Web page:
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In the footsteps of Edith Piaf in Paris


Edith Piaf (December 19, 1915 – October 11, 1963) was a French singer who became France's national diva and one of the biggest international stars. Her singing reflects her life, her specialty being song and ballads, especially of love, loss and grief. Among his songs, we can mention - "La Vie en rose" (1946), - "No, I don't regret anything" (1960), - "Hymne à l'amour" (1949), - "Milord" (1959) , - "The Crowd" (1957), - "The Accordionist" (1955), - "Padam ... Padam ..." (1951).

Le Musée Édith Piaf à Paris
Lieu de naissance Edith Piaf


The Edith Piaf Museum is a private museum dedicated to singer Edith Piaf located in the 11th arrondissement at 5, rue Crespin du Gast, Paris. It is open by appointment; free entry. The museum was created by Bernard Marchois, author of two biographies of Piaf, and occupies two rooms within a private apartment. It contains memorabilia, including her porcelain collection, gold and platinum records, dresses and shoes, photographs, fan letters, sheet music, posters, and recordings.


72 Belleville Street

Despite numerous biographies, much of Piaf's life is shrouded in mystery.

She was born Edith Giovanna Gassion in Belleville, Paris.

Legend has it that she was born on the sidewalk of rue de Belleville 72, but her birth certificate mentions the Tenon hospital, the hospital in the 20th arrondissement, of which Belleville is a part.

Edith Piaf et la croix de sainte Thérèse


From the age of three to seven, Piaf was reportedly blind due to keratitis. According to one of her biographies, she regained her sight after her grandmother's prostitutes pooled money to send her on a pilgrimage in honor of Saint Thérèse of Lisieux. Piaf claimed that this result was a miraculous recovery. All her life she kept a special cult of Thérèse, whose medal she kept around her neck all her life.

Statue d'Edith Piaf


When she was 15, Edith met Simone "Mômone" Berteaut, who may have been her half-sister, certainly a companion for most of her life, and together they walked the streets singing and earning money for the first time.

Le Moulin Rouge à Montmartre


In 1935, Piaf was discovered in the Pigalle district of Paris by nightclub owner Louis Leplée, whose club Le Gerny, near the Champs-Élysées, was frequented by both upper and lower classes. He persuaded her to sing despite her extreme nervousness which, combined with her height of only 142 centimeters, inspired her with the nickname that would remain with her all her life and which would serve as her stage name, La Môme Piaf.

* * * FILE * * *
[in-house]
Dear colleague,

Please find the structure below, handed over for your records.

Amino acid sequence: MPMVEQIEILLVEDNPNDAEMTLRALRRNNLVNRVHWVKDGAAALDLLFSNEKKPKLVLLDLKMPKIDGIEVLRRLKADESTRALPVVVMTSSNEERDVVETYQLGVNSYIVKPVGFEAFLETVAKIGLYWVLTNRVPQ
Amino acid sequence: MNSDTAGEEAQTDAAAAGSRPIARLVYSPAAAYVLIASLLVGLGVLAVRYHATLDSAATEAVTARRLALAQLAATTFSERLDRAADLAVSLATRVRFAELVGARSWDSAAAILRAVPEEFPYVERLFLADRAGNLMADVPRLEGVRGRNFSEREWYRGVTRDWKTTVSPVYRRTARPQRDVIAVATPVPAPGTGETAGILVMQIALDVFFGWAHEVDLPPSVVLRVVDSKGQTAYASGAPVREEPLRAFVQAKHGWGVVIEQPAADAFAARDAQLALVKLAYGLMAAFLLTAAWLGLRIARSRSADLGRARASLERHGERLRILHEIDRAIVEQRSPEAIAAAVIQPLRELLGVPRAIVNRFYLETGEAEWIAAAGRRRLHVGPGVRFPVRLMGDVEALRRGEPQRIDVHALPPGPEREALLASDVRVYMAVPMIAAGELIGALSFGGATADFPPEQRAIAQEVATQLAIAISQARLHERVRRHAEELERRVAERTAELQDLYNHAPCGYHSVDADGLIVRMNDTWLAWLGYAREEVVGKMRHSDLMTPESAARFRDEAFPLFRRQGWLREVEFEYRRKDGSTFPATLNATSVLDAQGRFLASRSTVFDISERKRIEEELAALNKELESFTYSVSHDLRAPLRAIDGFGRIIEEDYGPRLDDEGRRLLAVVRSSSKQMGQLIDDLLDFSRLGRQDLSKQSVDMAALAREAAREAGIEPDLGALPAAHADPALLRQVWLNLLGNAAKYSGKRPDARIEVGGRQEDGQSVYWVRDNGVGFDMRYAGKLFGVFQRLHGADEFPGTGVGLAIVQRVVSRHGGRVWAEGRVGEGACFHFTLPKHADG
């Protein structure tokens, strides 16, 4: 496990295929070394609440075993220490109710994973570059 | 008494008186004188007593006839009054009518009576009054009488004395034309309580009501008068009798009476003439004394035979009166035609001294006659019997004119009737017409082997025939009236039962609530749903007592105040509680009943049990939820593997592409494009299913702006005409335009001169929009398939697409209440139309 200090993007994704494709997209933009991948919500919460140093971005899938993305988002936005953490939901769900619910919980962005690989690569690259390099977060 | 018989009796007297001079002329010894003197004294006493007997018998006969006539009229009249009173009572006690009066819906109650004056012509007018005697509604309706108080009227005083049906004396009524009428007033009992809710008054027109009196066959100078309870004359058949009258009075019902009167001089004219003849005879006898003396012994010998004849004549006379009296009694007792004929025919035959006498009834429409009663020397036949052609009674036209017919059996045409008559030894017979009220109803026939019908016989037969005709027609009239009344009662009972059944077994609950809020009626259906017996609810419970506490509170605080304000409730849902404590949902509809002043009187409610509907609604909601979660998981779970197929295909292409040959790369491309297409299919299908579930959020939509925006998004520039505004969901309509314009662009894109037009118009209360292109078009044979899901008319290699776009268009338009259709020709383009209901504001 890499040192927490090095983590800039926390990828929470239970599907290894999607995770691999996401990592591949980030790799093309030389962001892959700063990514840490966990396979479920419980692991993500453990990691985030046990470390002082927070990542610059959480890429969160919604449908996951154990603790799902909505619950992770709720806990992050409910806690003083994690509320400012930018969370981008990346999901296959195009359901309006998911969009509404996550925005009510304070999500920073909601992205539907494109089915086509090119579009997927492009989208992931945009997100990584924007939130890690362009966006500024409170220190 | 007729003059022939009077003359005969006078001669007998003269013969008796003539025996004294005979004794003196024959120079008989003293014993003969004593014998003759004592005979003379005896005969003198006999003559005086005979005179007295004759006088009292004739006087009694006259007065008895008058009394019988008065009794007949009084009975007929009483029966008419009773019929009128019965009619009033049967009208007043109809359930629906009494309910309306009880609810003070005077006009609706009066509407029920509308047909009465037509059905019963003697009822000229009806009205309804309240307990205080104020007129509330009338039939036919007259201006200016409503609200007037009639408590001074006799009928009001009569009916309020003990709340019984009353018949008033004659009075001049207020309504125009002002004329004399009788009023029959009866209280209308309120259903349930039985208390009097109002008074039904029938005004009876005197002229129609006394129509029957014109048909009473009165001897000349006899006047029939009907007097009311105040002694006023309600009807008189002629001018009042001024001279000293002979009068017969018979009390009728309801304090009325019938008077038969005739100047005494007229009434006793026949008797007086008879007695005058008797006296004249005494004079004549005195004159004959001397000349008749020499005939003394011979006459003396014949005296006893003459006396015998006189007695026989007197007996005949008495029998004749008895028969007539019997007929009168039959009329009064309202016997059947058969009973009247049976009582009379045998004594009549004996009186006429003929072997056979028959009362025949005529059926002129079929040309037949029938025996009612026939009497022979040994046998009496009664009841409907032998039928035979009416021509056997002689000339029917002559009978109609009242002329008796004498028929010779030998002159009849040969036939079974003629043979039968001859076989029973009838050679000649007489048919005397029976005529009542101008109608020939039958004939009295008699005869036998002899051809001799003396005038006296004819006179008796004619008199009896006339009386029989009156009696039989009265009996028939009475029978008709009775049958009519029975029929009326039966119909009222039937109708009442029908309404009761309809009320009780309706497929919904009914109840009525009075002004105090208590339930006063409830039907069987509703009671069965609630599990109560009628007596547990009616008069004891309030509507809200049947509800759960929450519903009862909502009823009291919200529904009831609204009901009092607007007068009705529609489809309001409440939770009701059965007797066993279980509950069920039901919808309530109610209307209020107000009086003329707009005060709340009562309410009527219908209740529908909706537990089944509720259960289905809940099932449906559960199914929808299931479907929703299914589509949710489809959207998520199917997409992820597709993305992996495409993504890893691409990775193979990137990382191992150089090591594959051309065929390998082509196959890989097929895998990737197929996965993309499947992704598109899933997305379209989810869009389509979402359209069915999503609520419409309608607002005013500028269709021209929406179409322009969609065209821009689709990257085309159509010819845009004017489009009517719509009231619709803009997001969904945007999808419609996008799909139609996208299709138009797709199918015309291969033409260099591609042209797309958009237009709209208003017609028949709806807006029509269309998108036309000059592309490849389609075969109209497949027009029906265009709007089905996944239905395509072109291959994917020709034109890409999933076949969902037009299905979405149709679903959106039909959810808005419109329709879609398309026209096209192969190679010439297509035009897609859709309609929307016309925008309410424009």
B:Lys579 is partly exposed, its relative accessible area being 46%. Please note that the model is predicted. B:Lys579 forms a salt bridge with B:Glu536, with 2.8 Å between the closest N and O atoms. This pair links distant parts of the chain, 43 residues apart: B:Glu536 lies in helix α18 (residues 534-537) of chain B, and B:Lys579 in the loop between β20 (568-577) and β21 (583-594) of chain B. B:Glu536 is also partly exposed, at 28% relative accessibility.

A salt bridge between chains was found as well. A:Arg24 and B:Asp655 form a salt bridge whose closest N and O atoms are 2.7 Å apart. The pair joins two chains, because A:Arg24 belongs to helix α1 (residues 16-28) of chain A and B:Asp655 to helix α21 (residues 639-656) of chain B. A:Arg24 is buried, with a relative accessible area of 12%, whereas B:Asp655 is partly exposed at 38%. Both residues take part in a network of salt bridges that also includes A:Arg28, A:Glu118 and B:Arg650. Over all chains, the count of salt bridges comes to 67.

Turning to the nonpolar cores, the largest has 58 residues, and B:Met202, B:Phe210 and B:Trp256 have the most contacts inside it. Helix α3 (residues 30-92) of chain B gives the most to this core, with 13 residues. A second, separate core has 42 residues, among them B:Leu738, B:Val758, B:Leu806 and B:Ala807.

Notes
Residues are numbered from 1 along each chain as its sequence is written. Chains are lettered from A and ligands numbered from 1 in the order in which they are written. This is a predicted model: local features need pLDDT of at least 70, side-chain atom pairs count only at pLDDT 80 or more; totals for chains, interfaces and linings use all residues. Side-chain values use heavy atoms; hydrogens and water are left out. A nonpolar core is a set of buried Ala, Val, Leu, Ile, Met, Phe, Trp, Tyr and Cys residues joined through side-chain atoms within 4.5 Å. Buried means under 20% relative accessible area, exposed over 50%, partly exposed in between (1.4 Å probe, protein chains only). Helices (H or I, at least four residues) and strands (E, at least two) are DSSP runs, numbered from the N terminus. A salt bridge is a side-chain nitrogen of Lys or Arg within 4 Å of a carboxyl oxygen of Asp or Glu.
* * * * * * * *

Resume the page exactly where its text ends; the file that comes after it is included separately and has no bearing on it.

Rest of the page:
La place Edith Piaf à Paris


During World War II, she frequently attended the social gatherings of German forces in occupied France, and many people considered her a traitor; after the war, she claims to have worked for the French Resistance. Although there is no proof of this, it seems true that she was instrumental in helping a number of people (including at least one Jew) to escape Nazi persecution.

L'Olympia à Paris


It was in Bruno Coquatrix's famous Olympia music hall in Paris that she achieved lasting fame, giving several series of concerts in this hall, the most famous in Paris, between January 1955 and October 1962. Excerpts from five of these concerts (1955, 1956, 1958, 1961, 1962) have been released on record and CD and have never been out of print.

Bar de la place Edith Piaf


The love of Piaf's life, married boxer Marcel Cerdan, died in a plane crash in October 1949, while traveling from Paris to New York to meet her. Marcel Cerdan's Air France flight, flown aboard a Lockheed Constellation, crashed in the Azores, killing all passengers, including famous violinist Ginette Neveu. Piaf and Cerdan's affair made international headlines, as Cerdan was the former world middleweight champion and a legend in France in his own right.           _cc781905-5cde-3194 -bb3b-136bad5cf58d_           _cc781905 -5cde-3194-bb3b-136bad5cf58d_         _cc781905-5cde-3194- bb3b-136bad5cf58d_           _cc781905- 5cde-3194-bb3b-136bad5cf58d_     _cc781905-5cde-3194-bb3b- 136bad5cf58d_           _cc781905-5cde- 3194-bb3b-136bad5cf58d_                     _cc781905-5cde-3194 -bb3b-136bad5cf58d_           _cc781905 -5cde-3194-bb3b-136bad5cf58d_     _cc781905-5 cde-3194-bb3b-136bad5cf58d_         _cc781905-5cde-3194-bb3b -136bad5cf58d_           _cc781905-5cde -3194-bb3b-136bad5cf58d_ 22, rue de la Py

Domicile Edith Piaf à Paris
Domicile Edith Piaf à Paris


Piaf died of liver cancer at the age of 47 in her villa in Plascassier (Grasse), on the Côte d'Azur, on October 11, 1963. She had lost consciousness for several months. His last words were: "Every damn thing you do in this life, you pay for it". Sarapo is said to have taken her body back to Paris in secret so fans would think she died in her hometown.

Tombe d'Edith Piaf au Père Lachaise
Tombe d'Edith Piaf au Père Lachaise


Although the Roman Catholic Archbishop of Paris refused him a funeral mass because of his way of life, his funeral procession drew tens of thousands of people to the streets of Paris and the ceremony at the cemetery was attended by more than 100,000 fans. Charles Aznavour recalled that Piaf's funeral procession was the only time since the end of the Second World War when he saw Parisian traffic come to a complete stop.

Le bar de la place Edith Piaf à Paris


Piaf's work and name can still be found today in popular culture and music. Many Piaf songs are used in films and other media. Films such as Saving Private Ryan, Inception, Bull Durham, La Haine, The Dreamers and the animated film Madagascar 3 all feature songs by Piaf. Love Me If You Dare pays homage to their song La Vie En Rose by including different versions of the song in their soundtrack.

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